That answer’s easy. Jesus told them back in 1914 or 1919 or whatever date that he inspected all of the churches and found that the WTS were the only ones doing Gods work. Not only that, but being a JW means you’re not going to die. And for the cherry on top, you’ll be part of the largest publisher in the world….in the past anyway
  • Listener

    They only presume to know because they assume that the 144,000 mentioned in Revelation is both a literal number and is the amount of anointed since 33CE.

    The other problem is that they got rid of their teaching that there was a second class of Christians bound for heaven and this class was only identified around 1935 as staying on earth and use the feelings of some JWs who at the time, felt they had an earthly hope.

    Revelation it's grand climax Chapter 20 states

    Worldly commentators have interpreted this great crowd to be fleshly non-Jews converted to Christianity or to be heaven-bound Christian martyrs. Even the Bible Students in the past regarded them as a secondary heavenly class, as noted in 1886 in Volume I of Studies in the Scriptures, The Divine Plan of the Ages: “They lose the prize of the throne and the divine nature, but will finally reach birth as spirit beings of an order lower than the divine nature. Though these are truly consecrated, they are overcome by the worldly spirit to such an extent that they fail to render their lives in sacrifice.” And as late as 1930, the thought was expressed in Light, Book One: “Those who make up this great crowd fail to respond to the invitation to become the zealous witnesses for the Lord.” They were described as a self-righteous group that had a knowledge of the truth but did little about preaching it. They were to get to heaven as a secondary class that would not share in reigning with Christ.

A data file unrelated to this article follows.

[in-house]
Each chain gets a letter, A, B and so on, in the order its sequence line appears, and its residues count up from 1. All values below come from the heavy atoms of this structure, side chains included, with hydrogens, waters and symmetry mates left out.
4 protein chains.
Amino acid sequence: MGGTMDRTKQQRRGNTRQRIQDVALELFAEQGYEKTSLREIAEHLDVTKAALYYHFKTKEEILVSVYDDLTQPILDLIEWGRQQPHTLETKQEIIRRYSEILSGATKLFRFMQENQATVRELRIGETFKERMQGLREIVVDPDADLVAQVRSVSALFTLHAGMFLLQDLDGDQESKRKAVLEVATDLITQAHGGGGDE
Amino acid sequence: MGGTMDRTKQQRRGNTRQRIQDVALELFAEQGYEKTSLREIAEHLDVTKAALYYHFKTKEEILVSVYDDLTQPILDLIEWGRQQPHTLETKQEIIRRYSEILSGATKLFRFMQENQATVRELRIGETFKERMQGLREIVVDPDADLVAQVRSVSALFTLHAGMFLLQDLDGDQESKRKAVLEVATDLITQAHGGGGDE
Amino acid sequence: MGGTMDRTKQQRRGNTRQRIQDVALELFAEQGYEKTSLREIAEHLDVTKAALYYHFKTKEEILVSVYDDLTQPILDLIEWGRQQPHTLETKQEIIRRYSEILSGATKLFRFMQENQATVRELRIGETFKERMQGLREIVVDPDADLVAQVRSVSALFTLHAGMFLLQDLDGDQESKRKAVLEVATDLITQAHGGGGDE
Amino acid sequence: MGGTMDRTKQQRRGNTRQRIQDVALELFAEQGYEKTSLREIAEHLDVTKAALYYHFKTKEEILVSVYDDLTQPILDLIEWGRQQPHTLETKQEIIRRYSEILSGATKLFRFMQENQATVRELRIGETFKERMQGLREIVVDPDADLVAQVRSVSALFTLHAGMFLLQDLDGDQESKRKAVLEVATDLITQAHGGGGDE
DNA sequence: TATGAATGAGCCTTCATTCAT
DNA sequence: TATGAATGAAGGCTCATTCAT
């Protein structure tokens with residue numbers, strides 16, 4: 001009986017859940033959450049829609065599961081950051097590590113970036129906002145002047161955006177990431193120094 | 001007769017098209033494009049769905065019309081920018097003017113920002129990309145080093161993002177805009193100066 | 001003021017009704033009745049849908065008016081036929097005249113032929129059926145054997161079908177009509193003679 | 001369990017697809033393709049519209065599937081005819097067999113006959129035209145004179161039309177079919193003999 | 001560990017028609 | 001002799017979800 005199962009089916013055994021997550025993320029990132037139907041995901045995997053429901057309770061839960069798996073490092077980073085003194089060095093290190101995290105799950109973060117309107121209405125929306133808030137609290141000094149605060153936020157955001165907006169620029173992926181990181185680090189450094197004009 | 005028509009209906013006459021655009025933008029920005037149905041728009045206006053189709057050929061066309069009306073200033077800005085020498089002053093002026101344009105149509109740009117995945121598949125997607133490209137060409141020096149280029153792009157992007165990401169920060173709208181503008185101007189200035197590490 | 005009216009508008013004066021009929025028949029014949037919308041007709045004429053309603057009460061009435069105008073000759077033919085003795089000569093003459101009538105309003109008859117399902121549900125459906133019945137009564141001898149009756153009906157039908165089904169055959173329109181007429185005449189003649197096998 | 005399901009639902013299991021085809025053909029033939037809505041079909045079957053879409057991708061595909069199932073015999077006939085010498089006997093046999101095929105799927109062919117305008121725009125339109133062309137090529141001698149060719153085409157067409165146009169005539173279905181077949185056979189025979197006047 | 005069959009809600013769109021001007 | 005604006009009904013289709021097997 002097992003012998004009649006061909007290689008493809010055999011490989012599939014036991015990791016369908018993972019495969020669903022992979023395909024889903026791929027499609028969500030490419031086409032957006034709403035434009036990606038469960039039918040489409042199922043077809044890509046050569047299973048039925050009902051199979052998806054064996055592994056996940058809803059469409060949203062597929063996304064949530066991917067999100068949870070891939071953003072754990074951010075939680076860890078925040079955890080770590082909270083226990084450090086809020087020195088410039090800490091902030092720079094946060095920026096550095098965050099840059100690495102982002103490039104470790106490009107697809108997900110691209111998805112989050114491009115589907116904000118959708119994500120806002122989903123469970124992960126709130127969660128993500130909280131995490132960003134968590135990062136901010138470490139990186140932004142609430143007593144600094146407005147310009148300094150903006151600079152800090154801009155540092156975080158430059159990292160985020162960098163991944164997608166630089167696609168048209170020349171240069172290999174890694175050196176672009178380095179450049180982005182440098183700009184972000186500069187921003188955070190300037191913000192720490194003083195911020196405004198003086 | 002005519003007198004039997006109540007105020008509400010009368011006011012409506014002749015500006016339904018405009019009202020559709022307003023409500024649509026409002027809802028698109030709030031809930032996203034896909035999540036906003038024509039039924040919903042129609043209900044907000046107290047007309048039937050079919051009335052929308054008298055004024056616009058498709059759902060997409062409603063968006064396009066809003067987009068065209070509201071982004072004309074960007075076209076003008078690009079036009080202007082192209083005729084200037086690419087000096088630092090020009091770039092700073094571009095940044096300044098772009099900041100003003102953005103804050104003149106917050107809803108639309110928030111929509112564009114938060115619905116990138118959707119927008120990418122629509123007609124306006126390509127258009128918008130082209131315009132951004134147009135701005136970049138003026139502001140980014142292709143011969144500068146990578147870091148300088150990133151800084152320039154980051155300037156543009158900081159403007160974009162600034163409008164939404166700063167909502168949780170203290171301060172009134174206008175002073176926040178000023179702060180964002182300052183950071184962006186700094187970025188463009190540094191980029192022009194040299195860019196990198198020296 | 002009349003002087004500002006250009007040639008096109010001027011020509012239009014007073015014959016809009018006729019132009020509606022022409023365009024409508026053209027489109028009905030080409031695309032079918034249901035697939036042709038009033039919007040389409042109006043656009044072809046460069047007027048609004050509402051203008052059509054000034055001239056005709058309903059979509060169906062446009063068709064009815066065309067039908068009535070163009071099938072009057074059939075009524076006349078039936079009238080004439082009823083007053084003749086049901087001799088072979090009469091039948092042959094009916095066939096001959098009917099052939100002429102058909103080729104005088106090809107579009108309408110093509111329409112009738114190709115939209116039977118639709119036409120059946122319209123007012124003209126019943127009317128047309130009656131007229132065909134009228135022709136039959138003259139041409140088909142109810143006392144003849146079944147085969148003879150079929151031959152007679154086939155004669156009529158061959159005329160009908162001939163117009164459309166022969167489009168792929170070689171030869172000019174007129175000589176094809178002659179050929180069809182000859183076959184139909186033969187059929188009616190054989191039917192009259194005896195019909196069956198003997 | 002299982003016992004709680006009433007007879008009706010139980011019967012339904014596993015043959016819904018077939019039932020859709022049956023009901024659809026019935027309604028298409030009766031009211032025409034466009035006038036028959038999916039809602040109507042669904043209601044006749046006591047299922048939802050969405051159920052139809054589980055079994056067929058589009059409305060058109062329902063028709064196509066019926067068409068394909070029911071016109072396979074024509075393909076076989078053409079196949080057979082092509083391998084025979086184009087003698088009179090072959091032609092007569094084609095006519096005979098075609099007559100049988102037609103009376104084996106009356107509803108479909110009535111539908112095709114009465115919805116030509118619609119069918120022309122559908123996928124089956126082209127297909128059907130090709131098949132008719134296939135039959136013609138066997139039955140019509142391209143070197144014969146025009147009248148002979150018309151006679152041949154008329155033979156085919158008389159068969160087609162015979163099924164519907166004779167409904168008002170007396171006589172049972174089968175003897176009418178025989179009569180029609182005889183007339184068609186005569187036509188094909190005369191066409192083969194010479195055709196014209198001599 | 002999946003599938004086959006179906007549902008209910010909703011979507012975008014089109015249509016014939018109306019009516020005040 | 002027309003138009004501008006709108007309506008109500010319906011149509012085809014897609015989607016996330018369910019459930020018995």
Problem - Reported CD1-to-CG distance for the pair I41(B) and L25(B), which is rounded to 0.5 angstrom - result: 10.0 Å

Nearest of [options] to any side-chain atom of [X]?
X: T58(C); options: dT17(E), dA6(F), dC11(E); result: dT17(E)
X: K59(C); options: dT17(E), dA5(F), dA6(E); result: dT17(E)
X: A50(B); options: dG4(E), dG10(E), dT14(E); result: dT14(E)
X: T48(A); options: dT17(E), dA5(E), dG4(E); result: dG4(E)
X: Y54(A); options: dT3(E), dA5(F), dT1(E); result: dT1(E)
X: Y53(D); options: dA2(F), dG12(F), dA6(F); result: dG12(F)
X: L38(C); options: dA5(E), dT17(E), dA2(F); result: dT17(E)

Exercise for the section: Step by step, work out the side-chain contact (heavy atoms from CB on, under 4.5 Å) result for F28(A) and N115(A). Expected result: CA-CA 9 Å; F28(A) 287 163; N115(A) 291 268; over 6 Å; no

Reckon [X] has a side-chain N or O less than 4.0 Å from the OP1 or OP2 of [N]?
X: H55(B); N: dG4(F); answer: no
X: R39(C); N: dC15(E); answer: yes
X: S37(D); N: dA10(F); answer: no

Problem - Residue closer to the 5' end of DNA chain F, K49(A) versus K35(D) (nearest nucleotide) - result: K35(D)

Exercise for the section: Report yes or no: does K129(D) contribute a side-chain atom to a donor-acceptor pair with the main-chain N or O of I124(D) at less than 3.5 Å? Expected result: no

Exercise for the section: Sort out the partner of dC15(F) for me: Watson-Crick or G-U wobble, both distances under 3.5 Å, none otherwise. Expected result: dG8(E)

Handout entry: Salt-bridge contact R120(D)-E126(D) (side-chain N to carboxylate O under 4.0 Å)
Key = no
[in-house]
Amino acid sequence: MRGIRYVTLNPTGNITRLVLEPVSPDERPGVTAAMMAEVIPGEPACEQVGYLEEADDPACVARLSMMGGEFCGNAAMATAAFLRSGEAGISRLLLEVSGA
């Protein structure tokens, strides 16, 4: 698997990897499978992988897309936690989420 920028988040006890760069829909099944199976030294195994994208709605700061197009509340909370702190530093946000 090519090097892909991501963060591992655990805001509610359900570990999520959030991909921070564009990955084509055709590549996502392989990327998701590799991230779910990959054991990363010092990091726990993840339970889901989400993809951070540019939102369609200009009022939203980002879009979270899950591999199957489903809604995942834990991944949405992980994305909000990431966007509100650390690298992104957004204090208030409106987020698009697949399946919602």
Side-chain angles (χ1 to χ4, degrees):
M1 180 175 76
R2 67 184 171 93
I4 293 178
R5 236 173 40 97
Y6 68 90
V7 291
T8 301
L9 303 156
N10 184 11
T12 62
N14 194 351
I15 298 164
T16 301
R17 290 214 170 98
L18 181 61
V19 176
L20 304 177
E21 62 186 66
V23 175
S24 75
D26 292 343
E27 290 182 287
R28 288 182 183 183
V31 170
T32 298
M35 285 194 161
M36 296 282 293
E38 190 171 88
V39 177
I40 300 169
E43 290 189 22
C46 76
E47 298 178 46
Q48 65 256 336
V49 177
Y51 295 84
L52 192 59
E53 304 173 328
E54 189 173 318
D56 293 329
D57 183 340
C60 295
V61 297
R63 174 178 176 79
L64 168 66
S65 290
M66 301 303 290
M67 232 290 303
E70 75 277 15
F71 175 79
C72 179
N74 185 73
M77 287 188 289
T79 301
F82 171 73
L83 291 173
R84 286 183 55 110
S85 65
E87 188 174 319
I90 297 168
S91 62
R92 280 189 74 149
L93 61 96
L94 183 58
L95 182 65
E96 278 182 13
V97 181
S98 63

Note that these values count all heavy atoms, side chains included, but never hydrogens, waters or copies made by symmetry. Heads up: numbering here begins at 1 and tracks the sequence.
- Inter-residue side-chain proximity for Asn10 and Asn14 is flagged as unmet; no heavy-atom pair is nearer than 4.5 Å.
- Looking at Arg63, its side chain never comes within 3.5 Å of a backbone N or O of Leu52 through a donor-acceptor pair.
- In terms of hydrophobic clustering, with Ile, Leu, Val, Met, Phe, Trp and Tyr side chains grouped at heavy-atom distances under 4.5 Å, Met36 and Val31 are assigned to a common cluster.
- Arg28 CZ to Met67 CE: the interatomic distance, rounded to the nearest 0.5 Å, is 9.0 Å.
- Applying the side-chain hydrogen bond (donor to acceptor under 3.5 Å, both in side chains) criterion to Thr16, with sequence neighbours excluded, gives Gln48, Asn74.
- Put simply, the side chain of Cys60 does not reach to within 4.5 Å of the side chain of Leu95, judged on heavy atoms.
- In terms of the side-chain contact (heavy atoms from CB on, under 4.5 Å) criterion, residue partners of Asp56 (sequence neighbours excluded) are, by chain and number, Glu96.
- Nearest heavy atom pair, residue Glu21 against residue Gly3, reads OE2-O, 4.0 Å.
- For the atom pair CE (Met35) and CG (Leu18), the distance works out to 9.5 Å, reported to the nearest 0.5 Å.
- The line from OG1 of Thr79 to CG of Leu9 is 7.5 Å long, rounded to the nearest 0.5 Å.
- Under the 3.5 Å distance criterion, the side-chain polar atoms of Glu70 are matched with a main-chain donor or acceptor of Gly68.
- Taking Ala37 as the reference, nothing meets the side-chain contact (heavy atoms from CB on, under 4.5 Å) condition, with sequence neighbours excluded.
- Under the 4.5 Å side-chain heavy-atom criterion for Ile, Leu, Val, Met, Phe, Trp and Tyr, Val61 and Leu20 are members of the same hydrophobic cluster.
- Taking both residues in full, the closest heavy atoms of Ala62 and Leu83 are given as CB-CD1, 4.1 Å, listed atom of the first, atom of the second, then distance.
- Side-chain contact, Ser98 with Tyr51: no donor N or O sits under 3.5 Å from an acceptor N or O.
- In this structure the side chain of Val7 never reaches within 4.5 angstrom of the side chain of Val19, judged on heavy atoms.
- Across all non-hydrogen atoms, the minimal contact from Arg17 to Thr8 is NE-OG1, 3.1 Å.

Prior to the mid 1930s, from what I can gather, their teaching had been that their were two classes of Christians going to heaven. One being the 144,000 who qualified by their preaching work and a lower, second class. The rest of mankind were going to be resurrected to earth.

    By ridding themselves of this second, Christian, heavenly class meant that all Christians prior to 1935 were going to heaven.

    Wiki gives a bit of information as to some of the older teachings. I've tried to extract the relevant information from the article.

    1877 Book published in which Russell's concept of "restitution" — that all humankind since Adam would be resurrected to the earth and given the opportunity for eternal perfect human life.
    Russell advertised for 1,000 preachers in 1881,[44] and encouraged all who were members of "the body of Christ" to go forth as "colporteurs" or evangelizers and preach to their neighbors in order to gather the remainder of the "little flock" of saints before they were called to heaven.
    By 1904, Russell's doctrinal development was almost complete. His sixth and final part of "Studies in the Scriptures", The New Creation, established that Revelation 7 spoke of two heavenly classes of Christians — 144,000 who would serve as a royal priesthood with Christ and a Great Company who would be brought to perfection on a lesser plane, similar to that of angels, serving the 144,000.[
    The earthly part of God's kingdom would be administered from Jerusalem in a re-established nation of Israel and under the control of the resurrected ancient Jewish prophets. All of mankind would over time be resurrected to earth in reverse order of death, Adam and Eve being the last, ..
    n 1928 Russell's teaching that the natural Jews would be restored to Palestine and hold a prominent place in the earthly part of God's kingdom was dropped..
    In 1935 a new interpretation of the "great company" of Revelation 7 placed them on earth as survivors of Armageddon rather than in heaven[156] and from that point converts to the movement were generally identified as those who, if worthy, would qualify for life on a paradise earth.